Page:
The piece was made by sculptor John Walz.  He created dozens of pieces for the cemetery.   He was buried here himself – without a headstone!

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For over 100 years,  Bonaventure has been attracting visitors because of its folklore,  moss-draped trees,  sculptures and architecture.   However,  the cemetery’s tourist traffic increased dramatically with the success of John Berendt’s 1994 best selling novel Midnight in the Garden of Good and Evil.  The statue featured on the cover of the book – Bird Girl – had to be removed for safe keeping and is now on show at the Telfair Academy in town.

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Johnny Mercer (1909 – 1976) was co founder of Capitol Records and wrote over 1400 songs – including Moon River.    He won 4 Oscars,  with 18 nominations for best song.

The Mercer family plot is one of the most visited in the cemetery

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The cemetery lies beside the Wilmington River.  Its claimed that this is the river which inspired Mercer’s ‘Moon River’.

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Trivia Moment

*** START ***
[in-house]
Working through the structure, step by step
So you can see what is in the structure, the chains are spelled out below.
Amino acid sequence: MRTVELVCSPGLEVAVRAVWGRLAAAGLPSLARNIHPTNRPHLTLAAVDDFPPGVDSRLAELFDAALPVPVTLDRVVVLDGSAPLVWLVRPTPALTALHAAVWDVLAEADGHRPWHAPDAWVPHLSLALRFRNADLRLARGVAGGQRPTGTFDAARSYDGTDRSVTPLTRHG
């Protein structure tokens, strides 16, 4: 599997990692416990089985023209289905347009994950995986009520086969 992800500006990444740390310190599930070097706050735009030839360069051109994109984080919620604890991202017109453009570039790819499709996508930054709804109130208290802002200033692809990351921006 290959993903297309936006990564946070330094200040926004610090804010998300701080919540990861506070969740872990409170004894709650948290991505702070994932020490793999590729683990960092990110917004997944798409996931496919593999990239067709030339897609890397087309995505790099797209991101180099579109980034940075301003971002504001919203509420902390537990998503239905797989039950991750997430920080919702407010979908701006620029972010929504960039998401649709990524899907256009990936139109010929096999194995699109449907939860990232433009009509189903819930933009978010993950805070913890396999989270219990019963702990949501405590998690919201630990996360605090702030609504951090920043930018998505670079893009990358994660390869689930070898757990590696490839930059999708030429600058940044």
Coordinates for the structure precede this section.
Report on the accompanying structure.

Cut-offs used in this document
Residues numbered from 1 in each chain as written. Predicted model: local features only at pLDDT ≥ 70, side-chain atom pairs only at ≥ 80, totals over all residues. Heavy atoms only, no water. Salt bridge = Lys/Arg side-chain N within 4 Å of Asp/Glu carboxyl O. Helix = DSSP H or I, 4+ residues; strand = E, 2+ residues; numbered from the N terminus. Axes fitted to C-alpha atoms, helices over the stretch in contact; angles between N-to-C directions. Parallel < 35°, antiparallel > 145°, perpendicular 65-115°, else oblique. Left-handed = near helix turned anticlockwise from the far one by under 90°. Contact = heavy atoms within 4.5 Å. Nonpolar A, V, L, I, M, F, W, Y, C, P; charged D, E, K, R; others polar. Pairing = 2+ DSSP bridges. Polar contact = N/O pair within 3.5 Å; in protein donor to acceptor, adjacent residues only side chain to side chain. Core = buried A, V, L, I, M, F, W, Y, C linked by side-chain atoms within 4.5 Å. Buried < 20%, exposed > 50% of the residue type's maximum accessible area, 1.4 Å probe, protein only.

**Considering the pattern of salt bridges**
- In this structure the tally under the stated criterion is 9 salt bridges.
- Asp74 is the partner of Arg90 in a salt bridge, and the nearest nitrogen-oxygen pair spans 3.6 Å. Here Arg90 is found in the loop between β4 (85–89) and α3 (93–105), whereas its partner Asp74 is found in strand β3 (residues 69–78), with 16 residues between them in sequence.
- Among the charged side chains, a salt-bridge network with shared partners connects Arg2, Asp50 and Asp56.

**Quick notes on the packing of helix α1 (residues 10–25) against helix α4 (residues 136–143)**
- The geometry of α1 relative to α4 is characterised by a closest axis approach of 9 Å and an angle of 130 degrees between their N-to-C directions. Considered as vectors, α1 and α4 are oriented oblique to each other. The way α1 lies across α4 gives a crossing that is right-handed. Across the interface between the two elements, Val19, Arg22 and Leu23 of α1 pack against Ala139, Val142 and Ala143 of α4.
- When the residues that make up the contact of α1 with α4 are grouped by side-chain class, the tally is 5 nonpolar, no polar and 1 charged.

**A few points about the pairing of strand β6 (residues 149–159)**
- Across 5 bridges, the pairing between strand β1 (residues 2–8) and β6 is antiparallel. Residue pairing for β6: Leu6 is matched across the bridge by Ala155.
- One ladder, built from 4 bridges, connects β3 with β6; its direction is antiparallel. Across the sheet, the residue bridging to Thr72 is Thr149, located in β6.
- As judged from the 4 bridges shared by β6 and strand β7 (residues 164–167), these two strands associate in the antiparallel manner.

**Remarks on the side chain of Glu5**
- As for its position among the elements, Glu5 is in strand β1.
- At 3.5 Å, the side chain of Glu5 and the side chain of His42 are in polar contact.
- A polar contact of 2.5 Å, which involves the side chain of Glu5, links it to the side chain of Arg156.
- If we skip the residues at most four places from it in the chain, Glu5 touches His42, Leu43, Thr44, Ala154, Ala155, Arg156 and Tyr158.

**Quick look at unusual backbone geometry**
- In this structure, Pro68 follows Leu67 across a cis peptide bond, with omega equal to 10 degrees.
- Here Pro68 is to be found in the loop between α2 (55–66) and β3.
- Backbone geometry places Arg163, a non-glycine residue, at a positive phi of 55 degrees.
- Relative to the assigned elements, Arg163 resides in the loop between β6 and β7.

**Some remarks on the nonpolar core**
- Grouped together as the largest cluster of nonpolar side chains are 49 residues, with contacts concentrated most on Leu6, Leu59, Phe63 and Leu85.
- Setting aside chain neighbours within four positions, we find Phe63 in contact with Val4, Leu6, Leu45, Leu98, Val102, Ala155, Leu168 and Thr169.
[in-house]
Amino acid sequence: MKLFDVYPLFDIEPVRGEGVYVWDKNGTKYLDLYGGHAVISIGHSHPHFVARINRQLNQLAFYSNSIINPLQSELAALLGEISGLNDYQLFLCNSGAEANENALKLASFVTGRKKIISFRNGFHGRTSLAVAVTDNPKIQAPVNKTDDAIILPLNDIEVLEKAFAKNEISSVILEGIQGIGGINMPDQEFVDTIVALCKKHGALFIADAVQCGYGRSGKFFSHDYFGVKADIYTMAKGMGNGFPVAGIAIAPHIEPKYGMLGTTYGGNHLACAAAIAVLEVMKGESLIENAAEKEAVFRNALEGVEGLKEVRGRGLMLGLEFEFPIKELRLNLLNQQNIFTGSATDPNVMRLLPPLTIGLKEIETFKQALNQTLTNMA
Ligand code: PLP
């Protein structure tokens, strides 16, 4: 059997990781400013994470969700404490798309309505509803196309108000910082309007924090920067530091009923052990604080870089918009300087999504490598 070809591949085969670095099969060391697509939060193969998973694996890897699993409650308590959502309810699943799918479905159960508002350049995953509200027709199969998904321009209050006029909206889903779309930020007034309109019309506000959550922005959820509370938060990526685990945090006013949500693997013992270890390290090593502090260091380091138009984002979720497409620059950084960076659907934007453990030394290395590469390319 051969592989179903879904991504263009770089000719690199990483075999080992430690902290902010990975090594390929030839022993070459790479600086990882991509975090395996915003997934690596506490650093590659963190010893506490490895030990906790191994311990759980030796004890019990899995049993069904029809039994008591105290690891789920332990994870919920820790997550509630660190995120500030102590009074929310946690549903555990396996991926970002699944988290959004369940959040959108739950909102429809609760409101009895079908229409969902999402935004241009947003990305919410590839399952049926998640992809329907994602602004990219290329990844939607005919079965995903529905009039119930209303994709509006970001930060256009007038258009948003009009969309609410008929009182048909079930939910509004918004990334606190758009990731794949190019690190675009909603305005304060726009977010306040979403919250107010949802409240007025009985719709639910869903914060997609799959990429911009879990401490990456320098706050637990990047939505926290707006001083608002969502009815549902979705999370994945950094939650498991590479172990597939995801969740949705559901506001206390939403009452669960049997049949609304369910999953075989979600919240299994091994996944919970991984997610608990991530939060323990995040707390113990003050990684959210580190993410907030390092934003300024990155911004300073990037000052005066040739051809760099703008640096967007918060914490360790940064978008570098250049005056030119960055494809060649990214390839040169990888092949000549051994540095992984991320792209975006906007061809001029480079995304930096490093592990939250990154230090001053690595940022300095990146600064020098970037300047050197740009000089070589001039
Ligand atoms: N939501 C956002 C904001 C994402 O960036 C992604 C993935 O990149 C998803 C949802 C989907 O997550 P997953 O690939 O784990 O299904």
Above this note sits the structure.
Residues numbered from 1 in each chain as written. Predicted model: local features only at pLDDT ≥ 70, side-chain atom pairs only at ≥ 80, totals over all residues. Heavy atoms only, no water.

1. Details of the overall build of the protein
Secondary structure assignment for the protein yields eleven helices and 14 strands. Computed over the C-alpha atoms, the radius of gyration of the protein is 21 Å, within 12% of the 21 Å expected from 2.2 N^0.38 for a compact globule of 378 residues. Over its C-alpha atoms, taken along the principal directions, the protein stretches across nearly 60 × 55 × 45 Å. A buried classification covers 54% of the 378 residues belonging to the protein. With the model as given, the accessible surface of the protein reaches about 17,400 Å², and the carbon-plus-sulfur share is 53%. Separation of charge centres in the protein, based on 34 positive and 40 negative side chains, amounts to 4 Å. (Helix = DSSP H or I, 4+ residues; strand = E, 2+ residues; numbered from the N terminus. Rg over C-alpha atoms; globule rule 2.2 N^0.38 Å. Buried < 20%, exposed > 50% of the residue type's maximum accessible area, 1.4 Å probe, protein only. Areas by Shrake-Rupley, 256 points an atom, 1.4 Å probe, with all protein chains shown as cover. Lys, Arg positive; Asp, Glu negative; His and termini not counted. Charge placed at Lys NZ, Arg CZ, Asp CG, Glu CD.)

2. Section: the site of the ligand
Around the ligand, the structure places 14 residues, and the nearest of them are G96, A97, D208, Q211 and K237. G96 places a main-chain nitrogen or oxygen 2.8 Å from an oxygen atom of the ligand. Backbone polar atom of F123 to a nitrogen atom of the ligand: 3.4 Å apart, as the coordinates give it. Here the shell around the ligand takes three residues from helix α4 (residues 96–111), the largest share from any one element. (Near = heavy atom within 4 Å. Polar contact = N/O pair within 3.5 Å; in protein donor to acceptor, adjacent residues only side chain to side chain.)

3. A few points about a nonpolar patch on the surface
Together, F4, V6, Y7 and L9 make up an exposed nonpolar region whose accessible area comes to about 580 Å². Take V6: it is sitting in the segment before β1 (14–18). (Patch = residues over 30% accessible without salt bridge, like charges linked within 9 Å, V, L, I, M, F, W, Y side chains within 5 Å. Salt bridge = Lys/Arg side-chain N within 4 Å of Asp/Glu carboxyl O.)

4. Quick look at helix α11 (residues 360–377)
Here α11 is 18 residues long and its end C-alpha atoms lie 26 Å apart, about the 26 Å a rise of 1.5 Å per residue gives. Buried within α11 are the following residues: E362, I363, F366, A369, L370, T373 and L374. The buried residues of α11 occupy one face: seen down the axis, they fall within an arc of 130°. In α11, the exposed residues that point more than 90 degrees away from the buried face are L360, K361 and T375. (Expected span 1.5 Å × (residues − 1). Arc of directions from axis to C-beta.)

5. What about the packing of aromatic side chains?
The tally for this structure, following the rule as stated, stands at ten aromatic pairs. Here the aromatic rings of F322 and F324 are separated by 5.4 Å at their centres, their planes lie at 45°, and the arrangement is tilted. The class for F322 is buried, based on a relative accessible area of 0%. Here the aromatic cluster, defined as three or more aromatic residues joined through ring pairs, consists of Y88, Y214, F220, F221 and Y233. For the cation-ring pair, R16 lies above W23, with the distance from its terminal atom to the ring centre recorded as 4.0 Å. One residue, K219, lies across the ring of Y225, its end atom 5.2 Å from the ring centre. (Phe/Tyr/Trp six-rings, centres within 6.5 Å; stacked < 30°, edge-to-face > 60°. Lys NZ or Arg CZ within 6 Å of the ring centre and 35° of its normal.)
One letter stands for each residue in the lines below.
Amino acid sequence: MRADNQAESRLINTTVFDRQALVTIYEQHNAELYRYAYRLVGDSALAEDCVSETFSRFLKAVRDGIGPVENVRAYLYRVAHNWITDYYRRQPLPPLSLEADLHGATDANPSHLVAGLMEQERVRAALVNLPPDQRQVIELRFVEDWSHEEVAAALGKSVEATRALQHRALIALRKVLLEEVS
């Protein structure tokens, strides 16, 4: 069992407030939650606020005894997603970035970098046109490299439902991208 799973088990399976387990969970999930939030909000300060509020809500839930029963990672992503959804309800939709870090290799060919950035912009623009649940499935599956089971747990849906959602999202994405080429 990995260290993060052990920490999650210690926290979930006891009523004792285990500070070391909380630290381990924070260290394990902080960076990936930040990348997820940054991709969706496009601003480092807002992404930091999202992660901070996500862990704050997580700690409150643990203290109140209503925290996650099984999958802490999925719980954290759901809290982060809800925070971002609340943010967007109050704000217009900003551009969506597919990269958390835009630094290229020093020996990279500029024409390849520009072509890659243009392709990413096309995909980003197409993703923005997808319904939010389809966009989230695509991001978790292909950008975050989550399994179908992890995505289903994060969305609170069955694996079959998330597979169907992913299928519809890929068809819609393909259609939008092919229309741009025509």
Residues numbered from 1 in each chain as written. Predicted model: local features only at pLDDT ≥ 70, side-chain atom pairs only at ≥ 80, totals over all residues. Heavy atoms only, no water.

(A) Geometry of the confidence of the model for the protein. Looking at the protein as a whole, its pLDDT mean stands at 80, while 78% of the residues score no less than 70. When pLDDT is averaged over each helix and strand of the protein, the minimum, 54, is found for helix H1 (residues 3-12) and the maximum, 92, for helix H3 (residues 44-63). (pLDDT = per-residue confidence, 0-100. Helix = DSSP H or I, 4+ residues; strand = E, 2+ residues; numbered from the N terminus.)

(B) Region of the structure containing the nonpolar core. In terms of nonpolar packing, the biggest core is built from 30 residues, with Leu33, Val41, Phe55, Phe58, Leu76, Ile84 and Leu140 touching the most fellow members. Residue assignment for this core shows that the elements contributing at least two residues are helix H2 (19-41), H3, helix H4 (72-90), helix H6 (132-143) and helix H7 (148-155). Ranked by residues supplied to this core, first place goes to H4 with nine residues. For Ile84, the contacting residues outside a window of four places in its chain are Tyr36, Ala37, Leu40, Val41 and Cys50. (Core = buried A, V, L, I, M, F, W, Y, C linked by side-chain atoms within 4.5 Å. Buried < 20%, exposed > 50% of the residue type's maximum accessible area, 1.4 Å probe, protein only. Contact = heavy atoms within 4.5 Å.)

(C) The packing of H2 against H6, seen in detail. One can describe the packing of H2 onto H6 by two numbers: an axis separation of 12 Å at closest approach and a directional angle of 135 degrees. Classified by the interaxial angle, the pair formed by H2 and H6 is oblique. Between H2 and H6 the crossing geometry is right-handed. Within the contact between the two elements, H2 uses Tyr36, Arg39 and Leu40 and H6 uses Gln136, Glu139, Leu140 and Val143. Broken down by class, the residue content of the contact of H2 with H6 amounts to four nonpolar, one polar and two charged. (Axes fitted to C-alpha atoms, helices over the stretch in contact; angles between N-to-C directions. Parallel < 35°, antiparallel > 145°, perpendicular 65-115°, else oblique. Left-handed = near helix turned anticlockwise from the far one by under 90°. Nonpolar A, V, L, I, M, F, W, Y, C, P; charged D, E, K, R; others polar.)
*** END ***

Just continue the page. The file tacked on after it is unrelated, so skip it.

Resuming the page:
Q.  What is the difference between a graveyard and a cemetery? 

A.  A graveyard is usually attached to a church and smaller.  A  cemetery is not affiliated with any particular church and is generally much larger.

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Small Stuff

 

Getting There:

The cemetery is located about 5 miles from downtown.

Parking is free.

Public transport options are limited, but if you don’t mind some walking, it is feasible to go by bus.   The No.10 bus stops about a half mile from the entrance.

Admission:

Opens 8am -5pm every day and is free to enter.

Cemetery Tours: 

Bonaventure Historic Society  offers free guided tours on the second weekend of every month.   It also offers a mobile app for purchase.

 

Thinking of visiting Savannah?  Have a look at Savannah – a stroll Downtown

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16 thoughts on “Savannah – away from Downtown: 1.Bonaventure Cemetery

    1. Problem is ….. you could spend hours in them. We think we’ll run in and have a quick look around and then we get caught up….

  1. On my last trip to Edinburgh, I visited two graveyards and absolutely loved every minute of it. While I would never really go to a new cemetery, exploring graveyards dating back to 16th century like Greyfriars Kirkyard and the Old Calton Burial ground provides a fantastic way to grasp Edinburgh’s history. Thanks for sharing, Marie. I loved your photos; so, so beautiful. I hope all is well 😊 Aiva

    1. Allison has just mentioned Greyfriars. Its years since we were in Edinburgh so due another visit and must have a look at the cemetery.
      All ok so far. Another 3 weeks at least but we’ve managed to keep busy. Stay safe.

  2. Well, now there is another place on our bucket list! Fascinating tour and info you have provided with this post. We’ll be able to get this one in on one of our next upcoming trips post virus.